Trump companies have $650M in debt: report

Companies owned by Republican presidential nominee Donald TrumpDonald TrumpThe Hill's Morning Report - Presented by Facebook - White House, Dems play blame game over evictions The Memo: Left pins hopes on Nina Turner in Ohio after recent defeats Biden administration to keep Trump-era rule of turning away migrants during pandemic MORE reportedly have at least $650 million in debt, according to a New York Times investigation.


The number is more than twice the amount that was shown from public filings the candidate made as part of his presidential bid, the Times reported.

In addition, the investigation found that a large portion of Trump's wealth is in three passive partnerships that owe an additional $2 billion to a series of lenders.

If the loans were to go into default, the value of the nominee's investments could drop, though Trump wouldn't be held liable, according to the Times.

Trump has said that his personal wealth is greater than $10 billion. But he has repeatedly declined to release his tax returns, even amid growing pressure and after his opponent, Democratic nominee Hillary ClintonHillary Diane Rodham ClintonFive things to watch in two Ohio special election primaries Clintons, Stacey Abrams meeting Texas Democrats Biden says Russia spreading misinformation ahead of 2022 elections MORE, and her running mate, Sen. Tim KaineTimothy (Tim) Michael KaineThis week: Senate starts infrastructure sprint Overnight Defense: Watchdog blasts government's handling of Afghanistan conflict | Biden asks Pentagon to look into mandatory vaccines | Congress passes new Capitol security bill GOP, Democrats battle over masks in House, Senate MORE (D-Va.), released their documents.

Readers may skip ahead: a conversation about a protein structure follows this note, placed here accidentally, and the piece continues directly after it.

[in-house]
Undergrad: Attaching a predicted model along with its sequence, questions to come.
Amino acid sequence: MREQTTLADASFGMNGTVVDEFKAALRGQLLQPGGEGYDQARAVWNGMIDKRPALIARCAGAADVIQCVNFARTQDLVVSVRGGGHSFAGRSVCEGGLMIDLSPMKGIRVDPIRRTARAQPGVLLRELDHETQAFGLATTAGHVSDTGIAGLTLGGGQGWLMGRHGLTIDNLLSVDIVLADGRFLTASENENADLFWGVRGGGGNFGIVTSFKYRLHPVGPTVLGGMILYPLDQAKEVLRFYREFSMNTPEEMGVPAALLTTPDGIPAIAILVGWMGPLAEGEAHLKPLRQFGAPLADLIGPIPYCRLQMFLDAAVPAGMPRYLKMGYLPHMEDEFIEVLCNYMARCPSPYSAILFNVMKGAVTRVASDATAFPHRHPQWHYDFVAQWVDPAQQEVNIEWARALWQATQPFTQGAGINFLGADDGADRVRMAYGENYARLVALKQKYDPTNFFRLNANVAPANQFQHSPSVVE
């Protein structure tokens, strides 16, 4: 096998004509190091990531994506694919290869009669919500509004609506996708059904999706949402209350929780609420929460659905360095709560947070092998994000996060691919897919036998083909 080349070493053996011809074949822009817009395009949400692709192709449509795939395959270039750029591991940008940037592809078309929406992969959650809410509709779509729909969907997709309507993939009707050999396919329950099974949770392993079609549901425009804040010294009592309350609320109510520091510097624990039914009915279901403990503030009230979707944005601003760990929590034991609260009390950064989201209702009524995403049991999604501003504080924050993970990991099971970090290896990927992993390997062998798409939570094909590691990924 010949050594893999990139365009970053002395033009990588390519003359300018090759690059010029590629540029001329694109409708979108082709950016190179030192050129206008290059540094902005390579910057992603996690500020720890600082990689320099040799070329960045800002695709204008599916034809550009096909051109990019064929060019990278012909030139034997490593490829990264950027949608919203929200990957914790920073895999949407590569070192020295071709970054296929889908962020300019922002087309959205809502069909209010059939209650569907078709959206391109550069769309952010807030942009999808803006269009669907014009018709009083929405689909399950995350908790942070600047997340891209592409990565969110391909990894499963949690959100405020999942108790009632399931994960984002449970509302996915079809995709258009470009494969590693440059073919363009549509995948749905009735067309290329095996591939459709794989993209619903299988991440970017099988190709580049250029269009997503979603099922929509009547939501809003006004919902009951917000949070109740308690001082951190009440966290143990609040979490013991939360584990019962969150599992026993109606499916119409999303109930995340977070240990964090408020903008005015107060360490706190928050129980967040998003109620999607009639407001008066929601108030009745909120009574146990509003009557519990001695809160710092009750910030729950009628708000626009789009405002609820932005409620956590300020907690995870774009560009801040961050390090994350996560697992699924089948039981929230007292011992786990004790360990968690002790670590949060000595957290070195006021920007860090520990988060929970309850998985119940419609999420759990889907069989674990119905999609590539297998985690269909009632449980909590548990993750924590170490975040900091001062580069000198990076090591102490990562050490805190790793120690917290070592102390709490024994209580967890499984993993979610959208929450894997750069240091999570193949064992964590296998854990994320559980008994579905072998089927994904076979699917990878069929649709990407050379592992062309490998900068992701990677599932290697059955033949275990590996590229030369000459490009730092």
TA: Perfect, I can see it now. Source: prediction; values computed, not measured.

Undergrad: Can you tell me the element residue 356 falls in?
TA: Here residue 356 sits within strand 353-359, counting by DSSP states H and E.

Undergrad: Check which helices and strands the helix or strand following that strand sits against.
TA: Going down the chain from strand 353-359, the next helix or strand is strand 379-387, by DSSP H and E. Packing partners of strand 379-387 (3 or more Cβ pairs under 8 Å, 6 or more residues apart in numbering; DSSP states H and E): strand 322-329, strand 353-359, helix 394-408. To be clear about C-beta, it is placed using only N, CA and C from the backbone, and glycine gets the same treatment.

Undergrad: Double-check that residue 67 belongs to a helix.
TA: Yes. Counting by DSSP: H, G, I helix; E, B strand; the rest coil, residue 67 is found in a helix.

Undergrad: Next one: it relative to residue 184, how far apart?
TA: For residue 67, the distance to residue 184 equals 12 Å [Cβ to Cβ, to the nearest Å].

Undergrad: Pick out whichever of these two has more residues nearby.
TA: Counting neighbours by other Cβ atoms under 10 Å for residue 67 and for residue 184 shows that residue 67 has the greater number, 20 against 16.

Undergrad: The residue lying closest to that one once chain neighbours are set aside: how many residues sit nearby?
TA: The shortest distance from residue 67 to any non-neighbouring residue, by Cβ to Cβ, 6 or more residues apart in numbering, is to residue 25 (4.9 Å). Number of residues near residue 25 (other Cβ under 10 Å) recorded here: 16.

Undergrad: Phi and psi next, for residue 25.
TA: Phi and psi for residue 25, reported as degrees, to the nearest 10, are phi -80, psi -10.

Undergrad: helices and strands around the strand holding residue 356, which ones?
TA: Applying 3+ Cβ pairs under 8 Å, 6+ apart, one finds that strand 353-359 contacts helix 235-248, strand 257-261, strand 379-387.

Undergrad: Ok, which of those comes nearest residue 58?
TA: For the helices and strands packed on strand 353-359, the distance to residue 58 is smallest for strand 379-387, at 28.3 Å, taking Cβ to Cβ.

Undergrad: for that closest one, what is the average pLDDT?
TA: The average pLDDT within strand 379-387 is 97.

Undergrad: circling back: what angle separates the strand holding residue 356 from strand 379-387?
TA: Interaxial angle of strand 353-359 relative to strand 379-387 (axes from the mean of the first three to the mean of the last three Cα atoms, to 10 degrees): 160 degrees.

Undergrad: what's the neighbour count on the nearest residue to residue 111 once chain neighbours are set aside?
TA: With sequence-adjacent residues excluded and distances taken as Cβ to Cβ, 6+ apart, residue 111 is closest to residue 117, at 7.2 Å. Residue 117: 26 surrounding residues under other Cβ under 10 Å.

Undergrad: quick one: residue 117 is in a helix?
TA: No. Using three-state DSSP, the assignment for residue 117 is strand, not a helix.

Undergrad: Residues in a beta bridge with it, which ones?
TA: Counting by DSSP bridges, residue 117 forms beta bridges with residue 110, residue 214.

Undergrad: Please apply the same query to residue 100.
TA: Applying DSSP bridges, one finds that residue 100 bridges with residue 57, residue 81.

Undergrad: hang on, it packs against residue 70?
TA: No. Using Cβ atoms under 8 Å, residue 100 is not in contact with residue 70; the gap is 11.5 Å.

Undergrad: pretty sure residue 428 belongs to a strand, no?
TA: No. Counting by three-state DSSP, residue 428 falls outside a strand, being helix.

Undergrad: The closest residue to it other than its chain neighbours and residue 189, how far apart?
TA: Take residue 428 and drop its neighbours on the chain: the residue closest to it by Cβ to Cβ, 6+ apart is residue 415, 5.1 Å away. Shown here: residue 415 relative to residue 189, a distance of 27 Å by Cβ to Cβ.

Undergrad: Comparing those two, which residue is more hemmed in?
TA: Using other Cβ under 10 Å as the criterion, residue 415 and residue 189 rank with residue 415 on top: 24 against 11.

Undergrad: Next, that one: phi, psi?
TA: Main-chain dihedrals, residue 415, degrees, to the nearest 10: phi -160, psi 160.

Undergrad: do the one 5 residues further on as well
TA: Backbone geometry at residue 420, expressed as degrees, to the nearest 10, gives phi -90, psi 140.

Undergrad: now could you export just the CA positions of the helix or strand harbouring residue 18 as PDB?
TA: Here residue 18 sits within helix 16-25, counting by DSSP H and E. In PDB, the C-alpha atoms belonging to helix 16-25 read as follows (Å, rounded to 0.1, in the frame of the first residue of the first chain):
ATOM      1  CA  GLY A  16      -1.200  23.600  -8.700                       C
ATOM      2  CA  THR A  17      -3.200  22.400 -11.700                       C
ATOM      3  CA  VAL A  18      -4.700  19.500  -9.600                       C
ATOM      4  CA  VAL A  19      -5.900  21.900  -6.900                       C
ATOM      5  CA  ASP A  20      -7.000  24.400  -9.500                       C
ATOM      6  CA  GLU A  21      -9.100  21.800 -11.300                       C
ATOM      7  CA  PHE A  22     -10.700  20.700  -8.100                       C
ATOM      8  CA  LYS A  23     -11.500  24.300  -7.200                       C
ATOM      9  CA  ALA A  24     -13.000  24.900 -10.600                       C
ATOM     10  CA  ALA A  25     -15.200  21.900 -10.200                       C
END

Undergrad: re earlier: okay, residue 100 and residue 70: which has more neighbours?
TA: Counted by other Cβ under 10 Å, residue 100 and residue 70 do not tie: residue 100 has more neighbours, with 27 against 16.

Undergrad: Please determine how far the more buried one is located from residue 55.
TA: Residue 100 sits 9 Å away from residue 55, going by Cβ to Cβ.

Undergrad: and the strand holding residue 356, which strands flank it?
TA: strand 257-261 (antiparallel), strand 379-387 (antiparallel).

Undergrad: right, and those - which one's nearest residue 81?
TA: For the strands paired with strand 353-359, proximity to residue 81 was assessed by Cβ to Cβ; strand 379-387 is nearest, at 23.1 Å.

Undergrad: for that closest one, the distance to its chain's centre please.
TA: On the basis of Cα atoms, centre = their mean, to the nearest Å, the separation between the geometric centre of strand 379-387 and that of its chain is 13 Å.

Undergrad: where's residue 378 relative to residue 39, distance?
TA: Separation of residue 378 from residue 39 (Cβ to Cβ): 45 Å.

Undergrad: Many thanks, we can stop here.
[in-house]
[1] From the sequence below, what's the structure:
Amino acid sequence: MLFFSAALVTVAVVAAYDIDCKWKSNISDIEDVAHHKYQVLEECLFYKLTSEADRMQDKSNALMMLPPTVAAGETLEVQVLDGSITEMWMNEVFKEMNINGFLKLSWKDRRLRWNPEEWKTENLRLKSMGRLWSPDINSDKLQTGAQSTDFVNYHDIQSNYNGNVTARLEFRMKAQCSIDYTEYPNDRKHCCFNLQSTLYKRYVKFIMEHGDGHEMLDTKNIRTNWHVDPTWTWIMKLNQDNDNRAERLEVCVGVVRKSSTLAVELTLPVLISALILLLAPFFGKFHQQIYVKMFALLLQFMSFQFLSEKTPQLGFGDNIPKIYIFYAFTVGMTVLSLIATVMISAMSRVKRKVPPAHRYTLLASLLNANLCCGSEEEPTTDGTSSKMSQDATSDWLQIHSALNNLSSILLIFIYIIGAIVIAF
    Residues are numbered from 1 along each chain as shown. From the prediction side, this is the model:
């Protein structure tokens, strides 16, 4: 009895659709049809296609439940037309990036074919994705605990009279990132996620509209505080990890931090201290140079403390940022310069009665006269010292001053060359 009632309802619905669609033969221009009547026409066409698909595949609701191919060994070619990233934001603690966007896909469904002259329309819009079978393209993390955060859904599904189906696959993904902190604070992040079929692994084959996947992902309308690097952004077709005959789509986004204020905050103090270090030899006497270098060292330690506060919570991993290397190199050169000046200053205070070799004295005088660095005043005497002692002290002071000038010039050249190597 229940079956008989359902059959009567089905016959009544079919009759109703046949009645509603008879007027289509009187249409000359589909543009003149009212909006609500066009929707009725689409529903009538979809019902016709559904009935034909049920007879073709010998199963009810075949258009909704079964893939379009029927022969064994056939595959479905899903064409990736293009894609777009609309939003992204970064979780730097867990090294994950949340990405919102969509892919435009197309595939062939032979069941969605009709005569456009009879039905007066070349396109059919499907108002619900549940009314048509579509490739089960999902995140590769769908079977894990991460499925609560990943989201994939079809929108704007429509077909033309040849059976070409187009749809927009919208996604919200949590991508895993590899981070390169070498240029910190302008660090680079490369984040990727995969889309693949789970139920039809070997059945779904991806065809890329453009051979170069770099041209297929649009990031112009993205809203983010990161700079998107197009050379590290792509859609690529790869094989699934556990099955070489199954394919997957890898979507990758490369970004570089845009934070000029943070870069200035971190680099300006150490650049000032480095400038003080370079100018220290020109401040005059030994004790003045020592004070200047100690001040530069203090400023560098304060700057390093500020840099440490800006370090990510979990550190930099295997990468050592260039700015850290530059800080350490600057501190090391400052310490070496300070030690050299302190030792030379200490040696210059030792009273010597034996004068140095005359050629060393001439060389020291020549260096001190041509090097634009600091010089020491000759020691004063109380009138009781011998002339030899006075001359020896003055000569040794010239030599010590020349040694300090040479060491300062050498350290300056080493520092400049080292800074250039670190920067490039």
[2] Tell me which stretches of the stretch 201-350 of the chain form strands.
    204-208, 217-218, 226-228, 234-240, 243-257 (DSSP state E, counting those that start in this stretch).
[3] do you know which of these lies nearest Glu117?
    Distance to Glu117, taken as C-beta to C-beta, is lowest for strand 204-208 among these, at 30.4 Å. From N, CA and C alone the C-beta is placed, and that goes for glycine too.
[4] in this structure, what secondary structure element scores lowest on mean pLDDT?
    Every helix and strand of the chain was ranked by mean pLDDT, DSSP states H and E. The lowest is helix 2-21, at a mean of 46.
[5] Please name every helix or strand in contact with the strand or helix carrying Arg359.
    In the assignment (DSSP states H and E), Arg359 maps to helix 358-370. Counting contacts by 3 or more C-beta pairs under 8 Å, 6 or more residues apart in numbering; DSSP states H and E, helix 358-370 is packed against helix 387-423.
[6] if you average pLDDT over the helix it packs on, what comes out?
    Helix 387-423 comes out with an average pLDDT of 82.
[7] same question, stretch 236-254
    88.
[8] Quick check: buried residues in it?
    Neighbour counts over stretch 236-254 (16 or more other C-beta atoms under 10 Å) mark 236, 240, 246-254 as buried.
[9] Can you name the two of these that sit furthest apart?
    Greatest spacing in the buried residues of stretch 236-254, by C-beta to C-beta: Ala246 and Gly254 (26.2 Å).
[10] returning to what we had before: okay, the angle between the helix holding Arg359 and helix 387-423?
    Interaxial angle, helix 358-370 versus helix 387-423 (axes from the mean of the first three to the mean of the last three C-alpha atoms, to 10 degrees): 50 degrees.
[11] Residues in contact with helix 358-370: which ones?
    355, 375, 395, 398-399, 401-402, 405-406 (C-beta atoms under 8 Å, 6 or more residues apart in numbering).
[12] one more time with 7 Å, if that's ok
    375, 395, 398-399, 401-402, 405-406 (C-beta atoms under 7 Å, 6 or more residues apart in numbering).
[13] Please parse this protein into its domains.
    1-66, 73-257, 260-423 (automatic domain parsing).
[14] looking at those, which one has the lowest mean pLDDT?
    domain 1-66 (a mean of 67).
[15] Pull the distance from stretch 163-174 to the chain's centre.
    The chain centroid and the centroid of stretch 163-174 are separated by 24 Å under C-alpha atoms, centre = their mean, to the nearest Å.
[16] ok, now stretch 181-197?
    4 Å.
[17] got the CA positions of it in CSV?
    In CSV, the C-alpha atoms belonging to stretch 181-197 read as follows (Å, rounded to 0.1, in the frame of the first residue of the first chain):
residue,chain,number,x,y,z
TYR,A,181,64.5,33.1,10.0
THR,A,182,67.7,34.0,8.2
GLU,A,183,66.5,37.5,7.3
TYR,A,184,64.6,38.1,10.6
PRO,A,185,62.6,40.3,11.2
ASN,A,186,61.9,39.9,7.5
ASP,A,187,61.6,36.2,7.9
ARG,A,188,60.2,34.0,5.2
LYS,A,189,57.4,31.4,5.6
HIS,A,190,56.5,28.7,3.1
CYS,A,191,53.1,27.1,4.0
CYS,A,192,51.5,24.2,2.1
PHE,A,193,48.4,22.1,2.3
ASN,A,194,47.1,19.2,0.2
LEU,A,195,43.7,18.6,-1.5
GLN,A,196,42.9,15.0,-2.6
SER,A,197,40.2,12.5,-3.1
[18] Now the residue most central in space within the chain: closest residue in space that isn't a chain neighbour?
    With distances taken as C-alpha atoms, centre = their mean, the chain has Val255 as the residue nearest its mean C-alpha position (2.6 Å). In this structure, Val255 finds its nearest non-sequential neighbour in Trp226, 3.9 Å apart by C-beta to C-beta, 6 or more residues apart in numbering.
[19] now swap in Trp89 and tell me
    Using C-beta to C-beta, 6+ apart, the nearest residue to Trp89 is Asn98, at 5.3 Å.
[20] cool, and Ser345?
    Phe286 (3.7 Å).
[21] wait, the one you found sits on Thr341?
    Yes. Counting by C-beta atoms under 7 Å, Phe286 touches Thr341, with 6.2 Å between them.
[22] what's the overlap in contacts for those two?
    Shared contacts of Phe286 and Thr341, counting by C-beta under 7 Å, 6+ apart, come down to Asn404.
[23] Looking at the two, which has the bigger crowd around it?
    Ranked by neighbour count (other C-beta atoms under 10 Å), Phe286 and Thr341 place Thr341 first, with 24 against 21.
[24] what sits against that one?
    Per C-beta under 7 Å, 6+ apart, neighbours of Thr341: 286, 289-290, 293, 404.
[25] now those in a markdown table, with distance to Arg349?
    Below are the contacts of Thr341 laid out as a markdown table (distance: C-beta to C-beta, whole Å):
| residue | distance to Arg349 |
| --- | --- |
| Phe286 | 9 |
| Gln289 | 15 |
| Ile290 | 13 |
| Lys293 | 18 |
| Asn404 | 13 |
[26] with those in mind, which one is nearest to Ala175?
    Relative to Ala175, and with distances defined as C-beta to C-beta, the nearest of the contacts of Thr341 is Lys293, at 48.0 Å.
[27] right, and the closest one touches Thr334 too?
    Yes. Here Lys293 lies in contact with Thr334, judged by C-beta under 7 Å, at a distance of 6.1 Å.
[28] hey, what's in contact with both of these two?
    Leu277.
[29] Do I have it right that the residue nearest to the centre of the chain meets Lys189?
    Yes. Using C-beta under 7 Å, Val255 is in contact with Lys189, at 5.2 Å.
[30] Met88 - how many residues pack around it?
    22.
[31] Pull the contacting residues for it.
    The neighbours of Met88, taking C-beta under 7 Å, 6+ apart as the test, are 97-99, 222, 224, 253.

Earlier in the campaign, Trump did submit a 104-page federal financial disclosure form, which showed that his businesses owed at least $315 million to a group of lenders. The form also showed ties to more than 500 limited liability companies.

According to the Times, although the candidate answered the questions on the form, it did not appear to ask him about all of his business activities.

The New York Times report noted that if elected, Trump would have heavy influence over monetary and tax policy but said that much of Trump's business "remains shrouded in mystery."